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Chris Smith

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Chris Smith Biography


Chris Smith was born in Charleston, West Virginia on March 31st, 1939, as the fourth child of Eliza MacCorkle and Isaac Noyes Smith. He was a 1957 Charleston High School graduate, vice-president of the National Honor Society, and was a member of the Charleston High School Student Council. During his senior year, Chris's basketball team won the Kanawha Valley Conference Championship, advanced to the West Virginia State Tournament Championship, and lost to Beckley, who had won the West Virginia State Championship for five of the past eight years. Chris was selected both to the First Team All-Tournament Team and to the First Team 1957 All-State Team. He received athletic or academic scholarships from several colleges and universities.

Chris then played basketball for Virginia Tech, and he received a chemical engineering degree from Virginia Tech by graduating with Tau Beta Pi Honors in 1961. During the 1961 NBA Draft, Chris was selected as the highest NBA draft choice ever for any Virginia Tech basketball player. In 1982, Chris was the only basketball player inducted as a charter member to Virginia Tech's Hall-of-Fame. He still holds several rebounding records for Virginia Tech, the State of Virginia, the Southern Conference, and he is the 24th leading Division I NCAA rebounder of all time.

After graduation, Chris made a difficult decision not to play professional basketball, and he went to work for Union Carbide as a production engineer at the WV Institute Plant. On May 15, 1963, Chris married Sandra Kay Hatcher, and they had four children including Elizabeth in 1967, Christopher in 1971, Caroline in 1972, and Jonathan in 1973.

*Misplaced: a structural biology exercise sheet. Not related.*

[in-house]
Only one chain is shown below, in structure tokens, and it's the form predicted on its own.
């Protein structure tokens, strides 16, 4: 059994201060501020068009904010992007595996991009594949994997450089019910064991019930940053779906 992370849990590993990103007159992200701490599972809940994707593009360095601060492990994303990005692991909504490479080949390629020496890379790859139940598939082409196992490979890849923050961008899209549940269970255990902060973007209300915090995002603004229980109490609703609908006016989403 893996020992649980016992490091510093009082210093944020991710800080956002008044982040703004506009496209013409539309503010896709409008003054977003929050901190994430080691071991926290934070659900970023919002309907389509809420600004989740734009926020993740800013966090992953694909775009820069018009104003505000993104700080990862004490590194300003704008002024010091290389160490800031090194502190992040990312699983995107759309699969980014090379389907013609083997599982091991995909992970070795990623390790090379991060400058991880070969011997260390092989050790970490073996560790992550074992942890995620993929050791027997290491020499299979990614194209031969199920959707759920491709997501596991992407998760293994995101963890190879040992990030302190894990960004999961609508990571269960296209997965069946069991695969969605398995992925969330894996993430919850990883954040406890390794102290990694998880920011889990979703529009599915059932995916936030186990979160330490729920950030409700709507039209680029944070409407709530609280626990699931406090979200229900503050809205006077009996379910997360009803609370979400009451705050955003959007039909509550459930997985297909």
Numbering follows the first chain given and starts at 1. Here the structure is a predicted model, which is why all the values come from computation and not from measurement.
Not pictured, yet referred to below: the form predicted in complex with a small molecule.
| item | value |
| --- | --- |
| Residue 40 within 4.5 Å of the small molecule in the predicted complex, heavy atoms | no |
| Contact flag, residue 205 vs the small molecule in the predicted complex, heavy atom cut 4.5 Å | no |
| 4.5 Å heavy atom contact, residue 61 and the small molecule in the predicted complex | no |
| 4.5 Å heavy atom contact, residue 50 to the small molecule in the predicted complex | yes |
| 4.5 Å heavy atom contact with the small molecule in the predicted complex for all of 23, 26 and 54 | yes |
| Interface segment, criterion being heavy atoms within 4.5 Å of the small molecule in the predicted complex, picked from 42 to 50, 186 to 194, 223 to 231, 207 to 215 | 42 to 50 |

During the fall of 1973, Chris was promoted and transferred by Union Carbide to the Texas City Plant, and a couple of months later, his family relocated to Clear Lake, Texas. In late 1979, Chris was again promoted this time to an assistant plant manager position at the Union Carbide Woodbine, Georgia Plant to manage the startup of a new Plant. Then, Chris, Sandy, and their four children, aged between twelve and six, relocated to Jacksonville, Florida. During late 1984, Chris was promoted to be Plant Manager of the Woodbine Plant.

In June, 1986, Chris was again promoted to become the Division Director of Health, Safety, and Environmental Affairs for the Agricultural Products Division located at the Research Triangle Park. His family relocated to Cary, North Carolina in August, 1986.

In December, 1986, Union Carbide sold their Agricultural Products Division to Rhone Poulenc Corporation. For several months in early 1987, Chris worked on the merger of the Health, Safety, and Environmental Affairs Functions between Union Carbide and Rhone Poulenc. Later, Chris was assigned to a Rhone Poulenc Corporate Director position for Health, Safety, and Environmental Affairs, and he authored a new Corporate Policy and Standards Manual for Health, Safety, and Environmental Affairs.

In January, 1989, Union Carbide contacted Rhone Poulenc to offer Chris a plant management position at their South Charleston Plant. This management proposal was highly unusual for either Union Carbide or Rhone Poulenc, and it showed the high level of respect that both corporations had for Chris's unique talents and work ethic. So in February, 1989, Chris transferred back to Union Carbide to work in Charleston, West Virginia. Immediately, Chris absorbed the duties of two Assistant Plant Managers and over the next twelve months, he absorbed most of the duties of a third Assistant Plant Manager.